EcommerceBytes-NewsFlash, Number 2507 - March 25, 2011     2 of 3

PRC Issues Opinion on USPS Request to Move to 5-Day Delivery

Email This Story to a Friend

The Postal Regulatory Commission (PRC) disagrees over how much the USPS could save by reducing its delivery schedule down from its current Monday through Saturday schedule. The agency issued its advisory opinion Thursday on the U.S. Postal Service's proposal to move to a five-day delivery schedule.

The PRC estimated the annual net savings from moving to a 5-day delivery scehdule at $1.7 billion, below the Postal Service's estimate of $3.1 billion. The commission also said that full savings in either case would likely not be achieved until year three after implementation.

The planned changes would cause an average of 25 percent of First-Class and Priority mail to be delayed by two days, and customers in rural, remote, and non-contiguous areas could be particularly affected by the Postal Service's plans. The Commission said it received significant input from rural America and traveled to South Dakota and Wyoming to meet directly with rural customers and community leaders.

In a press statement about the report, the USPS stated, "The Commission's opinion is advisory only and therefore, is not a final determination on the merits of our proposal. We remain convinced of our findings. As such, we will also continue to press our case with the Congress on this matter."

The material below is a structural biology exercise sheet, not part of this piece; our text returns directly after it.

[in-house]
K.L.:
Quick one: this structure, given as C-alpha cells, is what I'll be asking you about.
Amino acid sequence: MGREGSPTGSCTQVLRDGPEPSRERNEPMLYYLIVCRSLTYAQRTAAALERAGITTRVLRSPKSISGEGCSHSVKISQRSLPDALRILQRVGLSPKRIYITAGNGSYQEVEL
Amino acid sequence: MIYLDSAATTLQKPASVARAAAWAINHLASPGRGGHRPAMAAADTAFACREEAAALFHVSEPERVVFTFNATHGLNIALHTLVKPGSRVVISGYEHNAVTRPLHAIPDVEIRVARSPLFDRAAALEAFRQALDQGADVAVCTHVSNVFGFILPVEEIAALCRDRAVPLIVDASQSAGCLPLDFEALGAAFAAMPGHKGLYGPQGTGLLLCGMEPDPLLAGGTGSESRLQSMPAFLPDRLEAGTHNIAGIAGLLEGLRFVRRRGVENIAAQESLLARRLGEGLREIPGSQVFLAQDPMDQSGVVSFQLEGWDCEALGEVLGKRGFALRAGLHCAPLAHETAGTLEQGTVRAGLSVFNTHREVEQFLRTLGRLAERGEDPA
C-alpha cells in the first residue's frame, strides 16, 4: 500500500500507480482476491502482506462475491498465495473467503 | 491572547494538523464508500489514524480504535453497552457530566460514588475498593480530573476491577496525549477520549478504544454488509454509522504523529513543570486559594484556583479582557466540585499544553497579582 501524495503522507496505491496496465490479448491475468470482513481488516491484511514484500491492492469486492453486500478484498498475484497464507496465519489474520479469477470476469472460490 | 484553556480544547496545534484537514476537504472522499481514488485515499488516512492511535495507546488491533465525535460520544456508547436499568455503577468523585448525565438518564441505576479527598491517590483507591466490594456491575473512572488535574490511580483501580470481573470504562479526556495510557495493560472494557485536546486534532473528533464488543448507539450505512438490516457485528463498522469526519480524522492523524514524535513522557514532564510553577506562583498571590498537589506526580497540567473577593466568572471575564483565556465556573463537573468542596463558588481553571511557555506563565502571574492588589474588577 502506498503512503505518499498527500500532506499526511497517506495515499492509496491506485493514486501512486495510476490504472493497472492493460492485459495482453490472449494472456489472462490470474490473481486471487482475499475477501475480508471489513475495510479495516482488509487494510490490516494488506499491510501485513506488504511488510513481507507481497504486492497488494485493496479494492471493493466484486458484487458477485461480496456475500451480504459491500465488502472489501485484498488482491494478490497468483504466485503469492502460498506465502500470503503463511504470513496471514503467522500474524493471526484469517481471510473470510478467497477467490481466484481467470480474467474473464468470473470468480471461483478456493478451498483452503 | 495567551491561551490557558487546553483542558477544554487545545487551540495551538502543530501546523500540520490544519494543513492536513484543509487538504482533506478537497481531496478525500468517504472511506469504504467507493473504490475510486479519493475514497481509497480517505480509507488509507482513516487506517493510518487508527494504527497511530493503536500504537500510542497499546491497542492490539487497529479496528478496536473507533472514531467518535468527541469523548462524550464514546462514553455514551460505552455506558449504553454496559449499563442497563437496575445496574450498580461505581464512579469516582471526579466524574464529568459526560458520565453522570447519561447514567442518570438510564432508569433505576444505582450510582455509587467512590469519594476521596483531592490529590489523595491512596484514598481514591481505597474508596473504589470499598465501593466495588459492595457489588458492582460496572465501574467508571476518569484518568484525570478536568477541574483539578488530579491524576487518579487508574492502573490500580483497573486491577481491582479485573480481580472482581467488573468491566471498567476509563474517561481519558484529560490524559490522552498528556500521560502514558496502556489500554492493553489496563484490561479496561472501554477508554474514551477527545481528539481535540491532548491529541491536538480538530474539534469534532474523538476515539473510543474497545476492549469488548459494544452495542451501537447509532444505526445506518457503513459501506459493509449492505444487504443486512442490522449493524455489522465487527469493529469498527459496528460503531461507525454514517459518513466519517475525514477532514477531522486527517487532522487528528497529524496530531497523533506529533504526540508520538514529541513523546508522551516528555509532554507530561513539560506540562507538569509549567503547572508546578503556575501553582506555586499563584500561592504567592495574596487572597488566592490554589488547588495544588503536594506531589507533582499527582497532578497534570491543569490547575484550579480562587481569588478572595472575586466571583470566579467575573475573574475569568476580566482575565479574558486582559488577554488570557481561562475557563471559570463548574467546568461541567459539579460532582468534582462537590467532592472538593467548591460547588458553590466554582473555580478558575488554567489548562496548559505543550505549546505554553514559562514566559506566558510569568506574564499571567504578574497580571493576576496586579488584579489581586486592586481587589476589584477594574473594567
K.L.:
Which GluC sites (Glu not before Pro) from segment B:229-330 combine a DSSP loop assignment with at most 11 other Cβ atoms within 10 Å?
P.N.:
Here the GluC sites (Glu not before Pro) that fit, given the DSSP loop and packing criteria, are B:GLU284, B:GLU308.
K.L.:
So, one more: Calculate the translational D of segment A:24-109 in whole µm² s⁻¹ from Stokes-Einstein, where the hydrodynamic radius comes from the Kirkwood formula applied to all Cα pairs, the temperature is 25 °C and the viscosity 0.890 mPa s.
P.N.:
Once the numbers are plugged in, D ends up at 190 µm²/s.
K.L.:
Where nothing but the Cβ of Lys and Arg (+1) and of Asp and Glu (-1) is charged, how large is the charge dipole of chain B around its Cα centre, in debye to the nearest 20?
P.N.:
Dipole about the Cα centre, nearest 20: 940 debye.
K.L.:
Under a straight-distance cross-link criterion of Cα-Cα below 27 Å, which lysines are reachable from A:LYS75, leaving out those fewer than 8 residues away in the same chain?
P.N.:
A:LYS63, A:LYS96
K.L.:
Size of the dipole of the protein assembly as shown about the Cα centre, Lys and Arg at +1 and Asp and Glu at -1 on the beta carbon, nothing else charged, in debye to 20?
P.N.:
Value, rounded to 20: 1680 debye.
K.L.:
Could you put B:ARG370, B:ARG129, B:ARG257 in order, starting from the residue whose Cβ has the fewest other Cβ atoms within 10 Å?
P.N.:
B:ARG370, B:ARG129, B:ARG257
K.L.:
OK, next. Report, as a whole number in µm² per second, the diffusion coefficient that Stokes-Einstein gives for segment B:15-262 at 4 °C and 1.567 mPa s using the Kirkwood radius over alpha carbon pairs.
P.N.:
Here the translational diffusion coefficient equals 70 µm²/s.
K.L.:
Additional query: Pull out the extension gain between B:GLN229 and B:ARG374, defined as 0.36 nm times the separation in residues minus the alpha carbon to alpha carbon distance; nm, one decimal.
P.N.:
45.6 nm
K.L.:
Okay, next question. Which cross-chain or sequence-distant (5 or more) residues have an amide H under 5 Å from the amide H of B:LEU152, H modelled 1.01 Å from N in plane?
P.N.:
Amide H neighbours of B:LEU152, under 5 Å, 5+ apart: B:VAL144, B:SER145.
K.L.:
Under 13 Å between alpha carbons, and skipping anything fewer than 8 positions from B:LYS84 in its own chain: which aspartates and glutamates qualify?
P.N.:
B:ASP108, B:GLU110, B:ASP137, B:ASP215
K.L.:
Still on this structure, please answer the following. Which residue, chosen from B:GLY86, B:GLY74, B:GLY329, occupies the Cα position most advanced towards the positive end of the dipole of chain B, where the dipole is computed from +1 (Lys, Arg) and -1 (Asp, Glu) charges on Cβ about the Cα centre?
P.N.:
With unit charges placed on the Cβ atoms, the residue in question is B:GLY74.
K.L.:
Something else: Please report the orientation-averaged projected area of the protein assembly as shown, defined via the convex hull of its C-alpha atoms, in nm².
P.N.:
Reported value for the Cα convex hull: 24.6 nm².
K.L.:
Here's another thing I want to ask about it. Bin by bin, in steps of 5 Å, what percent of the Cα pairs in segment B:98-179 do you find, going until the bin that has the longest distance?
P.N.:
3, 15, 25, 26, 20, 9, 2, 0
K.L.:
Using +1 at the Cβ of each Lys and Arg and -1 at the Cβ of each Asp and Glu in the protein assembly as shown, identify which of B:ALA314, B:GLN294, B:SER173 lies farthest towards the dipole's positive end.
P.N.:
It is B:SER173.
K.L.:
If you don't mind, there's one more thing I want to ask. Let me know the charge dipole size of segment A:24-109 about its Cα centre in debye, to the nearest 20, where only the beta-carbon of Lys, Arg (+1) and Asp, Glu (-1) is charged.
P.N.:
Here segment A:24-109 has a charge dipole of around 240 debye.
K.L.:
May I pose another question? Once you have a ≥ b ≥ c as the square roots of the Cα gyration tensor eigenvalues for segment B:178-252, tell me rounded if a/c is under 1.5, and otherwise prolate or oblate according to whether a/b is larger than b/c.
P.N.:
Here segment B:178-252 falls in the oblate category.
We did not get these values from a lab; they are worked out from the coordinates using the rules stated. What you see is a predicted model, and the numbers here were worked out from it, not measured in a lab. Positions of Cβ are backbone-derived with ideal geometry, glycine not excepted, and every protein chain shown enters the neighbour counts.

The USPS also issued a press release on Thursday announcing "a newly redesigned Postal Service," describing it as one that is "better positioned for growth, reflects further alignment within the organization to achieve core business strategies and, when fully implemented, will help realize approximately $750 million of annual cost savings."

About the author:

Ina Steiner is co-founder and Editor of EcommerceBytes and has been reporting on ecommerce since 1999. She's a widely cited authority on marketplace selling and is author of "Turn eBay Data Into Dollars" (McGraw-Hill 2006). Her blog was featured in the book, "Blogging Heroes" (Wiley 2008). Follow her on Twitter at @ecommercebytes and send news tips to

You may quote up to 50 words of any article on the condition that you attribute the article to and either link to the original article or to
All other use is prohibited.